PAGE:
January 7, 2018

First Sunday after Epiphany – January 7, 2018 from Trinity Lutheran Church on Vimeo.


My grandson Luke Edward Bedingfield is being baptized tomorrow/today.

I am unable to be there but it is all good. 

 In fact, it is very good.  Let me tell you why.


Luke is my fifth grandchild and the second one I did not baptize. 

Over a decade ago when the first grandchild came along, 

his parents asked if I would baptize him. Of course, I agreed. 

Having a minister in your family is a lot like having a lawyer or doctor. 

You get free legal, medical, or spiritual advice. Or in this case, baptisms. 

Anthony was baptized in the home congregation of his grandparents 

with the assumption that the new baptized and family 

would join the congregation. They did not. 

Two years later when Michael was born another request for a baptism

was made to the pastor grandfather. Without a good reason to say “no”, 

Michael was also baptized in the family church 

where his immediate family was still not attending.


At this point it may be helpful to share

a couple of Lutheran understandings about baptism.

First, baptism makes you a member of the church,

the holy, apostolic, catholic church, AND the local Christian congregation 

where the baptism takes place. 

(The word “catholic” here, as in the Apostles creed, means “universal,”

not “Roman Catholic”. )

So when Anthony and Michael were baptized they were welcomed

into God’s universal church of all time and place,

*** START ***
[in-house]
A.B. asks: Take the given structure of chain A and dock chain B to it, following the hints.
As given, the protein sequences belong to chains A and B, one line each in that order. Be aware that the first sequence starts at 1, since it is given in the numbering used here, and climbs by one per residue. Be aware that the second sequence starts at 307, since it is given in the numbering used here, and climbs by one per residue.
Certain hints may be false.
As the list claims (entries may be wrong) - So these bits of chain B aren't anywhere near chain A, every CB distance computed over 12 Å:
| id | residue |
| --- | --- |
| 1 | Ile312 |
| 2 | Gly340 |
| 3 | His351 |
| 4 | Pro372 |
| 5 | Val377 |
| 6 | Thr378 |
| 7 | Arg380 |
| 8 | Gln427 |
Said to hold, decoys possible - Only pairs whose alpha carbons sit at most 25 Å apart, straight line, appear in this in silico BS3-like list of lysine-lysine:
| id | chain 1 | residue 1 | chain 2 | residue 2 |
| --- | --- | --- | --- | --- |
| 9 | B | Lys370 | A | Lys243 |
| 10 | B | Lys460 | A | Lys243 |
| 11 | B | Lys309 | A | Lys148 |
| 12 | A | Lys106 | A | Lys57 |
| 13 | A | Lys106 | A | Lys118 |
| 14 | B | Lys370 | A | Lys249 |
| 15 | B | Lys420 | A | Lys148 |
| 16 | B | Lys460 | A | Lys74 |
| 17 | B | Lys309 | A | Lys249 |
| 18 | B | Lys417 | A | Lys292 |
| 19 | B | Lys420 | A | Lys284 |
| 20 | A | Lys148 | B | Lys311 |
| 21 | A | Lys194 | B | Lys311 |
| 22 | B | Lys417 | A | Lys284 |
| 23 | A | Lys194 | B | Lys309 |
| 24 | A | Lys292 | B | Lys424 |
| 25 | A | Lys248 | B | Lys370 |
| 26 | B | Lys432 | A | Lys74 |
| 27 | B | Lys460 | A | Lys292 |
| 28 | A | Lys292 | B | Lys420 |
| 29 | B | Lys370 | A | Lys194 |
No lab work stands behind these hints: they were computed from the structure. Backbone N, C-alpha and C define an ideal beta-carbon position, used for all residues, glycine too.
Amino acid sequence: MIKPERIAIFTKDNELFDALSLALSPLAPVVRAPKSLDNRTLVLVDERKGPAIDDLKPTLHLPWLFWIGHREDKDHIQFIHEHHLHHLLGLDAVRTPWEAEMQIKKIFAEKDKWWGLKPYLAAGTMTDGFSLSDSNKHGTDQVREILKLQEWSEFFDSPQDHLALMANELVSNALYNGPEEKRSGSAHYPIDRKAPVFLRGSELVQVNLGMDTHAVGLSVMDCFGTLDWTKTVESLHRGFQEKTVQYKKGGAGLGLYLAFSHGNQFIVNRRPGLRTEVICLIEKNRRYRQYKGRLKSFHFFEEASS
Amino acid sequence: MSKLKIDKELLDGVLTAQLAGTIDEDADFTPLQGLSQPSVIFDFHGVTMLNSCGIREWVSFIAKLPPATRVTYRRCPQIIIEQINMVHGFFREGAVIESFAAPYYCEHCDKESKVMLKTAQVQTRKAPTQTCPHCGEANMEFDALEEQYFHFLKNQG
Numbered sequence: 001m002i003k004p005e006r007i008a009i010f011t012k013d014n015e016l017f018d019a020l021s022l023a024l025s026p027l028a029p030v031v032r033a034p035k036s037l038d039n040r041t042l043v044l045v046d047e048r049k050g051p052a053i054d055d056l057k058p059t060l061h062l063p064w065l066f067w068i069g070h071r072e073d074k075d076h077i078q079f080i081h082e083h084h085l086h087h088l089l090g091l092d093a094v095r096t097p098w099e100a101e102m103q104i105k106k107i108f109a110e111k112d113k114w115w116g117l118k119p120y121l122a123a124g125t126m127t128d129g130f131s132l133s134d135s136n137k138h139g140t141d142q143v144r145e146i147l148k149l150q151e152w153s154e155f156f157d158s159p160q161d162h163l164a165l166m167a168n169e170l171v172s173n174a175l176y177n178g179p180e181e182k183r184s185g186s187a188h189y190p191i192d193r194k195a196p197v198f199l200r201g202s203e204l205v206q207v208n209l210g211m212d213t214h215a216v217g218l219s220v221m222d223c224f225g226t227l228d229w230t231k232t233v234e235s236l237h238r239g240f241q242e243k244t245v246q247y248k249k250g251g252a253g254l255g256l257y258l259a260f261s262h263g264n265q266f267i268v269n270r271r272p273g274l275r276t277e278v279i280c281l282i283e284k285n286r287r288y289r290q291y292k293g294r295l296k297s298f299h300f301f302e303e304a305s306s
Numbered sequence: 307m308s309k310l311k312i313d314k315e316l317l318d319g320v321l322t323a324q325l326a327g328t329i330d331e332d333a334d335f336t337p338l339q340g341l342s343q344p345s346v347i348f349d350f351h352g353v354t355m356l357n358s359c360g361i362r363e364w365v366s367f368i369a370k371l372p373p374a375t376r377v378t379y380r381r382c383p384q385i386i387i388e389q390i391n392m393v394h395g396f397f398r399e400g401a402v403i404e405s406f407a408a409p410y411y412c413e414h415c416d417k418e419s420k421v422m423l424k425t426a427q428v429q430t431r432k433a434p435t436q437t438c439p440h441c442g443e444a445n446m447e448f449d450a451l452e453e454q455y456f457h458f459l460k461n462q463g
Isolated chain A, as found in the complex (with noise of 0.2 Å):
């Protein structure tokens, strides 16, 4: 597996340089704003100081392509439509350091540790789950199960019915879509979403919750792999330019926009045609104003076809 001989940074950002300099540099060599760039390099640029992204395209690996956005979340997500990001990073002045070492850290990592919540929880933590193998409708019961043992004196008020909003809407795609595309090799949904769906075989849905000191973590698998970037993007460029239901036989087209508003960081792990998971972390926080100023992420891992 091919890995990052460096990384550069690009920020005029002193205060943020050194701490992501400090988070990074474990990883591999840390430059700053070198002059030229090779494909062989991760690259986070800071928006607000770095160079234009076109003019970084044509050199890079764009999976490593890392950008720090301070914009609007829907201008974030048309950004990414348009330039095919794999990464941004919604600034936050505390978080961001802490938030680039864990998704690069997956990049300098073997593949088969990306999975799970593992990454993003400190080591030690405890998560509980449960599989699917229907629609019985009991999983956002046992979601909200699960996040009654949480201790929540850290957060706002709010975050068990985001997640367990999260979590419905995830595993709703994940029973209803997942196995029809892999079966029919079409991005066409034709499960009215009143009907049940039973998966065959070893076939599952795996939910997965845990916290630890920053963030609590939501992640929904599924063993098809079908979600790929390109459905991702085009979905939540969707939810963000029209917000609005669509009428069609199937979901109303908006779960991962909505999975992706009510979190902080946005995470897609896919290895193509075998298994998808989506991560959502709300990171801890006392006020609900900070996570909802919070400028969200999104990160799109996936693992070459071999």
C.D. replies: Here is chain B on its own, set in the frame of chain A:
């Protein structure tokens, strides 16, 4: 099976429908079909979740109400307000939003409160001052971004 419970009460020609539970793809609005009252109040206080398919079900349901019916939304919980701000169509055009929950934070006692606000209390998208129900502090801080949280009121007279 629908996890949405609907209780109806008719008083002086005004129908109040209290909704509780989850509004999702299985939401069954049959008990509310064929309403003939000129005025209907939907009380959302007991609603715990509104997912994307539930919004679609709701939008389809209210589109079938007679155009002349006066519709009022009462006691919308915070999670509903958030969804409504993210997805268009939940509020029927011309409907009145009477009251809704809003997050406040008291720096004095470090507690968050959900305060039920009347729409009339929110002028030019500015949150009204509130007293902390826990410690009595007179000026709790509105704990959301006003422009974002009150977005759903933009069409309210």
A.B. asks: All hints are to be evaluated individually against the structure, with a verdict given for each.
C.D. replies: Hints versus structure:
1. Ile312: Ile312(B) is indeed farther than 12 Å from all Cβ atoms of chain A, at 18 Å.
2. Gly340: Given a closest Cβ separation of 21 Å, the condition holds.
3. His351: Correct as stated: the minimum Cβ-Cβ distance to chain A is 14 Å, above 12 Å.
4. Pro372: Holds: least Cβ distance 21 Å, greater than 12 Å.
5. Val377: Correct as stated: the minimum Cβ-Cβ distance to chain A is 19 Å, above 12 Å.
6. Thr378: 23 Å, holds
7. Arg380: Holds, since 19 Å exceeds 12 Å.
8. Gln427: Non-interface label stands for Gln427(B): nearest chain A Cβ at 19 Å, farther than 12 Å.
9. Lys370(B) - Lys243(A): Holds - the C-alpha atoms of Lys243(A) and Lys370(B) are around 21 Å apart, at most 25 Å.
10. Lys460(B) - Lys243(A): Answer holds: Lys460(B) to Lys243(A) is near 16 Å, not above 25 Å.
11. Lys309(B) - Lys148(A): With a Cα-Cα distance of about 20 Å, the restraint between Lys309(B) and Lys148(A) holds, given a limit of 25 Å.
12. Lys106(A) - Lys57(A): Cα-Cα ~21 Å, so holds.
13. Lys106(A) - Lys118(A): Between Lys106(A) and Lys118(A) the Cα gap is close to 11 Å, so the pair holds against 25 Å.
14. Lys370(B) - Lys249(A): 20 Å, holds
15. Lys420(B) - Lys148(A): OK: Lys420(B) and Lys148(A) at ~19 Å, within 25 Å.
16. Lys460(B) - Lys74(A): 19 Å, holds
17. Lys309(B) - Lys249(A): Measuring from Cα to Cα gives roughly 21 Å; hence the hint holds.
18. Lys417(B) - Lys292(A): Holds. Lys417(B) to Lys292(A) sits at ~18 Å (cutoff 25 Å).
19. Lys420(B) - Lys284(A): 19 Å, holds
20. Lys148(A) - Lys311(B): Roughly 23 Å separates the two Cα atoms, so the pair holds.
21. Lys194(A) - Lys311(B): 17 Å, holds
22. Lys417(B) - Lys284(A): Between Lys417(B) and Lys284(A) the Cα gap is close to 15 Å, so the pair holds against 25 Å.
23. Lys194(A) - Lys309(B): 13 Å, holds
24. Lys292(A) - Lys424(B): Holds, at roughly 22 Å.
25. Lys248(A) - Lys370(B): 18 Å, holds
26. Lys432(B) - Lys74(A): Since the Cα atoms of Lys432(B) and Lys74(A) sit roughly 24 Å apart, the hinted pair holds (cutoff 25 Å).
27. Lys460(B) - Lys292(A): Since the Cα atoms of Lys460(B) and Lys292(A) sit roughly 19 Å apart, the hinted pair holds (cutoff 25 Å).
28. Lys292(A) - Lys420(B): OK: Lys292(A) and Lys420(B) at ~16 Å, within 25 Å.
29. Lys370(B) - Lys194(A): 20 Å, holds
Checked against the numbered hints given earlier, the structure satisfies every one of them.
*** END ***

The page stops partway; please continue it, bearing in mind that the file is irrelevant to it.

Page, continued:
and became members of Emanuel Lutheran Church, Manchester, CT.

In this case, as in many baptisms here at Trinity,

the baptized are church members but the parents are not. 

And as the children grow some are brought to the services of God’s house;

taught the Lord’s Prayer, the Creed, the Ten Commandments; given a bible or

instructed in the Christian faith. Others, not so much.

Although, their parents promised to do so when their child is baptized. 

How will these children know what God has done for them?

Their parents, family, friends, and we, the church, 

have the responsibility of teaching them, 

so that they grow to understand what God has done for them.


You see, Lutherans believe that in baptism we receive 

the gift of the Holy Spirit and that God claims and names us. 

We receive a new identity as children of God and disciples of Christ. 

We are marked with the sign of the cross, 

and even though life continues right along, we are forever changed. 

Living into that change, well — that takes a lifetime 

nd is a process rather than a destination.1


Another thing to say about baptism at this point in my story is,

that baptizing infants is a powerful way to show the grace of God. 

It is not the only way but consider…before Luke Edward can say anything, 

promise anything, do anything to deserve it, God comes to him

in the waters of baptism and makes him a disciple of Jesus, 

a member of the church, and promises him abundant life.


The same is true for you…because of baptism you are Christian. 

Never does your status before God depend on how you feel, 

having a certain experience, being free of doubt, what you accomplish, 

your success and position in life. 

We are Christian because God surprised us in baptism.

Coming in water God washed us and grafted us into Christ. 

Our identity for all of our days is set! 

We are children of God, a servant people, the communion of saints.2 


Wow! All of that happened to you in your baptism. 

All of that will happen tomorrow/today in Luke’s baptism.